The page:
Early Detection of Pulmonary Arterial Hypertension Using Cardiac Magnetic Resonance Imaging
Trial status: Open for Enrollment
Why is this study being done?
Cardiac magnetic resonance imaging has emerged as a potential valuable test for the early detection of Pulmonary Arterial Hypertension. A number of reports have provided some preliminary evidence that Pulmonary Artery (PA) stiffness may be accurately detected by imaging of the pulmonary artery in order to measure PA stiffness. In addition, cardiac MRI could play provide early and effective treatment for Pulmonary Arterial Hypertension (PAH).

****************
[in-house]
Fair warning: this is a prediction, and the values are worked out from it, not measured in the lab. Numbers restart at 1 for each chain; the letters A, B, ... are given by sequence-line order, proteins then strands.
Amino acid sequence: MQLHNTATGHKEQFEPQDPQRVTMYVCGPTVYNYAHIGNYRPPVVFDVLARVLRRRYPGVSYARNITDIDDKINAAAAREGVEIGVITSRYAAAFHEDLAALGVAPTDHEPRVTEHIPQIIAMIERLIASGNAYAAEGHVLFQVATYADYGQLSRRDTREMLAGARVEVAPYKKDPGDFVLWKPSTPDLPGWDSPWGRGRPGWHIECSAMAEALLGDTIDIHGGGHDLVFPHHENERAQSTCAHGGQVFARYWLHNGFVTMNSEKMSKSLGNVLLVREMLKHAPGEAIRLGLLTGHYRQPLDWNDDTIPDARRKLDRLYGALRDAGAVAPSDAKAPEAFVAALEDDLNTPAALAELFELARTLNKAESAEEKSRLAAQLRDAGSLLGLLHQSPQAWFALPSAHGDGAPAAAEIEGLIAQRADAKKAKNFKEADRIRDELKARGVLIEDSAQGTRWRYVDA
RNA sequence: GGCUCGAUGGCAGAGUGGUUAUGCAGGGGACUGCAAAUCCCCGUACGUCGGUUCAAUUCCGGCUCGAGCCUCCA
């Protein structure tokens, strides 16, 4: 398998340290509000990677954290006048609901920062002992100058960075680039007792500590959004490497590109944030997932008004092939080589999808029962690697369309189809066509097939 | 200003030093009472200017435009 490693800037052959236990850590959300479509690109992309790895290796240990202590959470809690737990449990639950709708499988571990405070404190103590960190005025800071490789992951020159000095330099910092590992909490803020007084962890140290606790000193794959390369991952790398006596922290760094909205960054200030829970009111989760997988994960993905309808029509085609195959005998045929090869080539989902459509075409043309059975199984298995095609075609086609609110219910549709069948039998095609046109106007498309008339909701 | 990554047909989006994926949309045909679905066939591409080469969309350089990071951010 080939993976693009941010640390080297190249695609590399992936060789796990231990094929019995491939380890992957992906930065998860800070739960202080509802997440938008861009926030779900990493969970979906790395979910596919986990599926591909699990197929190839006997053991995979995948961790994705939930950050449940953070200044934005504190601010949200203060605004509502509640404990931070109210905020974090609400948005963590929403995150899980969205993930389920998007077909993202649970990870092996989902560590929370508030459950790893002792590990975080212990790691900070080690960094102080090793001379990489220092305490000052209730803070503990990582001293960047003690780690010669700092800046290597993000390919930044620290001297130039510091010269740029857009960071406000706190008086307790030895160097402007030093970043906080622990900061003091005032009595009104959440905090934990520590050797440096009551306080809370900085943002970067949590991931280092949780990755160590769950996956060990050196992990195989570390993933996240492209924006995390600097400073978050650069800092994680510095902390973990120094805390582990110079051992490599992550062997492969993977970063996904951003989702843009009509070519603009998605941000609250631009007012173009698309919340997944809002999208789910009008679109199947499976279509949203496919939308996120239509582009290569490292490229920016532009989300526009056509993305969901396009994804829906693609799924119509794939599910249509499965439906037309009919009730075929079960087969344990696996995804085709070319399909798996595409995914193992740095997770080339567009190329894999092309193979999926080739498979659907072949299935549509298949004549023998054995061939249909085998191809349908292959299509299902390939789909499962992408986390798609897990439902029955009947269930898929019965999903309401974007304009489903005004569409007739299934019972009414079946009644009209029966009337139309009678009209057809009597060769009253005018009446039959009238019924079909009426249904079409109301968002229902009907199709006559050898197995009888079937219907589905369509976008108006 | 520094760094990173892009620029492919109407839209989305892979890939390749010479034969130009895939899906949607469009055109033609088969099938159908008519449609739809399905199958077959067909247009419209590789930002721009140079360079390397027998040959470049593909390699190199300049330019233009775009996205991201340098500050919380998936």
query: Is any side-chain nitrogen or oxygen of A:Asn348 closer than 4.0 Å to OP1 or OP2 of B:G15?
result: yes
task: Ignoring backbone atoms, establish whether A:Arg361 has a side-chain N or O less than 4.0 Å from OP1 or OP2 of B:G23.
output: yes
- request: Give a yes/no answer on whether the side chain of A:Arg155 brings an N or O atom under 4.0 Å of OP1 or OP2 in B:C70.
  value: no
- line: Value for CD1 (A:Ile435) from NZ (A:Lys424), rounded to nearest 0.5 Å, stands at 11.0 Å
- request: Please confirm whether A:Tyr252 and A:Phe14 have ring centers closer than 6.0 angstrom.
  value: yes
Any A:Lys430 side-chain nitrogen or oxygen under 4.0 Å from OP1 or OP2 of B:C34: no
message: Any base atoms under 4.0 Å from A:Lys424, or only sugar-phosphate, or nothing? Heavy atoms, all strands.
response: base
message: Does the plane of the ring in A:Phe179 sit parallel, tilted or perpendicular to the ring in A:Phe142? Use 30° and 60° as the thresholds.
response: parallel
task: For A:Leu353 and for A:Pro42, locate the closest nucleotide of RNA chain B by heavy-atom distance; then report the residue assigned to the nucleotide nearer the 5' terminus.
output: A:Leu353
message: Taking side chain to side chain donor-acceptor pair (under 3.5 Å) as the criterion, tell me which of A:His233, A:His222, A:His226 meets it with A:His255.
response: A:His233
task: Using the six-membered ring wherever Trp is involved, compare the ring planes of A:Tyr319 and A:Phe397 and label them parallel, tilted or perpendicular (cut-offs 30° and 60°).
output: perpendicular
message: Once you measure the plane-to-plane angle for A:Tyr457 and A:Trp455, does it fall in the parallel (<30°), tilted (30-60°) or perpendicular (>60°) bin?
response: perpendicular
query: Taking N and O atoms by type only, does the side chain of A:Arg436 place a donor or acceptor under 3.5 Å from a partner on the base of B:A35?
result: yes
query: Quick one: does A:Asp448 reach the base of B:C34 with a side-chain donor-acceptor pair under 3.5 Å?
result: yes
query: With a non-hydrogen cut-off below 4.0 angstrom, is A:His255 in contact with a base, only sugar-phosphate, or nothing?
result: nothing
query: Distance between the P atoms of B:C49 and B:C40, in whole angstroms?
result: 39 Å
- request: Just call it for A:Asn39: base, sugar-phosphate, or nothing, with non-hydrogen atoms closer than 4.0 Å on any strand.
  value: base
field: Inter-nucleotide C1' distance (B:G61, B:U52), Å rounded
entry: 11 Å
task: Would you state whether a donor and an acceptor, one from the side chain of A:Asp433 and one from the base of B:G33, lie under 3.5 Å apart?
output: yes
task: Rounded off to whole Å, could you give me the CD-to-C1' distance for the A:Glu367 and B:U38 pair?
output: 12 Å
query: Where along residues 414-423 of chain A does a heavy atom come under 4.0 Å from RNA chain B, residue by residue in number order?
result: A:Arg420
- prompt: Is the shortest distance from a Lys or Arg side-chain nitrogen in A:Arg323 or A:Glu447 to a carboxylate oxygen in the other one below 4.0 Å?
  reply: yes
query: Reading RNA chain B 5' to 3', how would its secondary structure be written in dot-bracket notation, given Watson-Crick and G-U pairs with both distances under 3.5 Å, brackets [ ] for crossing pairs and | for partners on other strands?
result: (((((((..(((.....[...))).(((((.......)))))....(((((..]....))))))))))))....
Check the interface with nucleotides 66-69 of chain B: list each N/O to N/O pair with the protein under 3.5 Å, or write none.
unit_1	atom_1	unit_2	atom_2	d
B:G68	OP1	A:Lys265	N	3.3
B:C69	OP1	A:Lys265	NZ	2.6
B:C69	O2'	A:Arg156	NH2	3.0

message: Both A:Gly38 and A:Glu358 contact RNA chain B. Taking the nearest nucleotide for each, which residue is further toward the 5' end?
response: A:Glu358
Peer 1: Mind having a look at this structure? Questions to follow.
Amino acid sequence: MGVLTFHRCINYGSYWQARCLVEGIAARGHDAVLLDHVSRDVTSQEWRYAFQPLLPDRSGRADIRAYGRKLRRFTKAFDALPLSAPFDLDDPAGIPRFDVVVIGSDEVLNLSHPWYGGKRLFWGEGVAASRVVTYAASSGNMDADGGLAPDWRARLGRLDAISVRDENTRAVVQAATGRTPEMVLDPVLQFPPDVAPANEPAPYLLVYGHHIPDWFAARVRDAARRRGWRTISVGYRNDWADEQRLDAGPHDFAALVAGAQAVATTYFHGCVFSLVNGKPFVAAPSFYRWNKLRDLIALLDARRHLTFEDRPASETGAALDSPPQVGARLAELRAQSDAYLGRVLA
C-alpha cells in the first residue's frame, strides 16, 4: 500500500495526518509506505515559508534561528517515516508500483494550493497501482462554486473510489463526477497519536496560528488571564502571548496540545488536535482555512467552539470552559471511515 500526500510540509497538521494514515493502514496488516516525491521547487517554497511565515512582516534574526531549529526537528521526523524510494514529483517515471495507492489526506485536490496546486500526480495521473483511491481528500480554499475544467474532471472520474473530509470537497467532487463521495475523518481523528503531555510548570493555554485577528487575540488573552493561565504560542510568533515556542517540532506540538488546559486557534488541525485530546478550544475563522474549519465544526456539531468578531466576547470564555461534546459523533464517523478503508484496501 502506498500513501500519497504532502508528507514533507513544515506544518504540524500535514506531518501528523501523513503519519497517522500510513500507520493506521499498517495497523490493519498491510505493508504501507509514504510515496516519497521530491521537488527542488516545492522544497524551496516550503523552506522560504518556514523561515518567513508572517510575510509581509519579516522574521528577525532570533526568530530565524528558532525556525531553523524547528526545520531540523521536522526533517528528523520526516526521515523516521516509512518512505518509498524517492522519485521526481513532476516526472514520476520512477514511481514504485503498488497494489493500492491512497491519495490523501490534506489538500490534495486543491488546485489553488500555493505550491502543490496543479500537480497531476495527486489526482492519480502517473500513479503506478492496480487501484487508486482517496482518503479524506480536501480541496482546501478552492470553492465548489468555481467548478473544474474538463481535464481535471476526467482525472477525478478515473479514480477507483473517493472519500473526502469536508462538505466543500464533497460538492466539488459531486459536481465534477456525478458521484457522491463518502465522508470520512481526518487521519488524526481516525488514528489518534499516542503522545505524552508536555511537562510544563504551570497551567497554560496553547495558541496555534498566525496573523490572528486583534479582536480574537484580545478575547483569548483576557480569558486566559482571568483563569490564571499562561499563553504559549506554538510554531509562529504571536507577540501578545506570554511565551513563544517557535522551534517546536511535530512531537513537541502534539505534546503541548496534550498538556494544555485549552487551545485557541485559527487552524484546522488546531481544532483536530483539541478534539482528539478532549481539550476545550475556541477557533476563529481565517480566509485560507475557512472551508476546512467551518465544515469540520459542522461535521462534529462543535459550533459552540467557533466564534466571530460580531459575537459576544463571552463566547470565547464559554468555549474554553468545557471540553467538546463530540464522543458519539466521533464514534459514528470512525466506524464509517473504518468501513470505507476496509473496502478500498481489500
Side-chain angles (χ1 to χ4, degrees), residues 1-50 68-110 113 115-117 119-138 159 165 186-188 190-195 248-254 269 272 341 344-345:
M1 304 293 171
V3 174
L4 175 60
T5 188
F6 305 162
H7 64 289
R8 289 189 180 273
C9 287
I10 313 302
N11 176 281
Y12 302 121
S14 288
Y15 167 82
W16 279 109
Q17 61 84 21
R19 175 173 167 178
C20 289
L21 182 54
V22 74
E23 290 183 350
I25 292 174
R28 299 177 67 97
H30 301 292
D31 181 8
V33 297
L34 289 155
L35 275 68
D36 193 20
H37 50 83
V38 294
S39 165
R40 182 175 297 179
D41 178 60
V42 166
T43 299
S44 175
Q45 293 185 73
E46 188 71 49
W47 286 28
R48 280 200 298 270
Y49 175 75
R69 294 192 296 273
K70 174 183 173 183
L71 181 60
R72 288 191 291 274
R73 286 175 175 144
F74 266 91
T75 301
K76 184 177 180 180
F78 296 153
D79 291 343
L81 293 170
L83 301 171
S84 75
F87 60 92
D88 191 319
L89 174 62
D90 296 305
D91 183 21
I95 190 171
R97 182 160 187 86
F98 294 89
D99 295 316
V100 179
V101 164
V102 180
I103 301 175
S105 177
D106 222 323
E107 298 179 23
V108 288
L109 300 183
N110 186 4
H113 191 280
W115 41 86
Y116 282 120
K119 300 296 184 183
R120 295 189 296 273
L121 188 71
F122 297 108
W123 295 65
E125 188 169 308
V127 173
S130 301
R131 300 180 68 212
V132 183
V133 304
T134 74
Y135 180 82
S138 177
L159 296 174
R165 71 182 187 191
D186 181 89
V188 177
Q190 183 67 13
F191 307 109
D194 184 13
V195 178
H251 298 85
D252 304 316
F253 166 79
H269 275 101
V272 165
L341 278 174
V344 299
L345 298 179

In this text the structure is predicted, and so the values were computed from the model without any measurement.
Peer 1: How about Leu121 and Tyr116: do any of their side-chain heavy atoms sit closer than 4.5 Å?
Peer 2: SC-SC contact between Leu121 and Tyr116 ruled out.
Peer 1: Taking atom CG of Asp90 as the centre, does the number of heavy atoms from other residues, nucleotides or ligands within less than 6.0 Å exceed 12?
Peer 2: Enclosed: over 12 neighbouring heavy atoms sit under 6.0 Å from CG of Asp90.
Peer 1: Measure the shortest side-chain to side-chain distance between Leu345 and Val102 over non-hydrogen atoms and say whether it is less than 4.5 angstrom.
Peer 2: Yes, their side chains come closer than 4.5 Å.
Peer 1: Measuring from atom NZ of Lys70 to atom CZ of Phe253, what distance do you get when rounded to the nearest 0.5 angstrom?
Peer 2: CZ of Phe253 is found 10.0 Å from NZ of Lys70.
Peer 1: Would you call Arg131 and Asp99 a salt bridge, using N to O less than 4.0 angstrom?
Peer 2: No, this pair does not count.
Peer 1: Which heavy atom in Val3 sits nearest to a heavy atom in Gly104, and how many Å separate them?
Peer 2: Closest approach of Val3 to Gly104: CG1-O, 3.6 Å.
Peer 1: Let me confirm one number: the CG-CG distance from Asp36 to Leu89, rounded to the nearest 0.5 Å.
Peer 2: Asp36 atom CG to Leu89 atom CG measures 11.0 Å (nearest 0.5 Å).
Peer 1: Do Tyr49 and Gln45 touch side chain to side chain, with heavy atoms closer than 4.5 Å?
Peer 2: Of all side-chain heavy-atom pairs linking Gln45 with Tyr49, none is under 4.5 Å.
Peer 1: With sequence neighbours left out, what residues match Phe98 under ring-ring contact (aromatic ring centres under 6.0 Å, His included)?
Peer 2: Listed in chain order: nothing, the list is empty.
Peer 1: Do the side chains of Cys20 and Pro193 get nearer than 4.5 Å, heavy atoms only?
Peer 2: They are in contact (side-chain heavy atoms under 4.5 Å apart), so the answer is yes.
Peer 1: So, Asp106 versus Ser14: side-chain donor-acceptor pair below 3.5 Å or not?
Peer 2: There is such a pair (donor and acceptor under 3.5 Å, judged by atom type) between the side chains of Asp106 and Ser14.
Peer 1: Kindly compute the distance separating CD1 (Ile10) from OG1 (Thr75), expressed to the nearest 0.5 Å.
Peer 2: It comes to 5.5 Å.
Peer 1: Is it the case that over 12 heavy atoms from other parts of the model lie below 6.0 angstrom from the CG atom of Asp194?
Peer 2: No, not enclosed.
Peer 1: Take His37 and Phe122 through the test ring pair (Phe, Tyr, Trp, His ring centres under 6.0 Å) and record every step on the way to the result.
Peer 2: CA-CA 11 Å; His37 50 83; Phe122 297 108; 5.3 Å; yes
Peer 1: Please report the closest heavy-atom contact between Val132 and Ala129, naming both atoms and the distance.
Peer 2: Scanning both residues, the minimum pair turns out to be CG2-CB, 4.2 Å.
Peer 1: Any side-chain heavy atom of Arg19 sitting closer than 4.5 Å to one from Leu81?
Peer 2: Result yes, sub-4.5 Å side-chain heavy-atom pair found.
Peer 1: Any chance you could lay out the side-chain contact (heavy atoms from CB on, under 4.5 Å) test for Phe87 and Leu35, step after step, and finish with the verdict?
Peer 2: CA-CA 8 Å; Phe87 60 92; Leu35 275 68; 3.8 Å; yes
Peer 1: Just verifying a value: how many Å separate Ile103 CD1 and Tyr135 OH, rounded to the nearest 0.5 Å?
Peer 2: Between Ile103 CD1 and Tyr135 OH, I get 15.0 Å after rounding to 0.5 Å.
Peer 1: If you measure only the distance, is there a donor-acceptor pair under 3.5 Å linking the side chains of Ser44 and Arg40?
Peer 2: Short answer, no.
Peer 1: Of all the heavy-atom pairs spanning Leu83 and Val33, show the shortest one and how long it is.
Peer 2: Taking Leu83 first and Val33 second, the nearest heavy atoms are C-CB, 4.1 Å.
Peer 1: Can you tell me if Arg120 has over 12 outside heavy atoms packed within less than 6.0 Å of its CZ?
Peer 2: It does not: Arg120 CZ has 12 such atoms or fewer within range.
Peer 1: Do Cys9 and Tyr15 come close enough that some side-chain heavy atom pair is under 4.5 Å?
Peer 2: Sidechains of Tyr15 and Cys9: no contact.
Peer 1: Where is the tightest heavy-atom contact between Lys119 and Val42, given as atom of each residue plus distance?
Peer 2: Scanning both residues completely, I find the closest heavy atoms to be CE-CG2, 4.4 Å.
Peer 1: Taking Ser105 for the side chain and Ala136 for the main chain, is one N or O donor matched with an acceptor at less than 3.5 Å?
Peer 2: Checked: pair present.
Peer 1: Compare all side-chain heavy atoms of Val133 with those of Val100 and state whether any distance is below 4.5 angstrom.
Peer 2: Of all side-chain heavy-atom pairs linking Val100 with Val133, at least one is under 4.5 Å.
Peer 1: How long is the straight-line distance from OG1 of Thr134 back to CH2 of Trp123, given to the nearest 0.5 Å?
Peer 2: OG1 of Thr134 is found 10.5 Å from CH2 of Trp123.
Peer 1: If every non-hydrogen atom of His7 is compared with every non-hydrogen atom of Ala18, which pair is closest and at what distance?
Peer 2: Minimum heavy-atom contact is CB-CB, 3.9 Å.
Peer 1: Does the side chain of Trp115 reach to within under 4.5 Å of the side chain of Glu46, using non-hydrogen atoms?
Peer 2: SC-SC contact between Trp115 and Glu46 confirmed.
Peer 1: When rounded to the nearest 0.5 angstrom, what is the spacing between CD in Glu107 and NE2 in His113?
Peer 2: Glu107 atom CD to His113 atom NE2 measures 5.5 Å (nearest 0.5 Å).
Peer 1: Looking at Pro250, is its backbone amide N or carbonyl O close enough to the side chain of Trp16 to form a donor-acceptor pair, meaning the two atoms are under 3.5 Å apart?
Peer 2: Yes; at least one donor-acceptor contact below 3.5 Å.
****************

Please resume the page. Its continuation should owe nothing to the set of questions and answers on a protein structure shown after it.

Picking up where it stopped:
Who is eligible to participate?
Consecutive patients aged ≥ 18 years with PAH as dictated by a comprehensive examination and echocardiography will be included for enrollment.
- Age < 18 years
- Mechanical ventilation
- Acute or chronic renal failure (creatinine clearance < 30 ml/min or requiring renal replacement therapy)
- Inability to perform MRI (i.e. claustrophobia, severe obesity (> 150 kg), device incompatible with MRI)
- Significant arrhythmia that precludes adequate ECG-gating for the MRI (i.e. atrial fibrillation with highly variable cycle lengths)
- Prior heart or lung transplantation
- Left ventricular systolic (ejection fraction < 50%) or diastolic failure (based on Framingham criteria for heart failure with preserved ejection fraction)
- Significant left-sided valvular disease (≥ moderate aortic stenosis, mitral stenosis, aortic regurgitation, mitral regurgitation) or prior valve surgery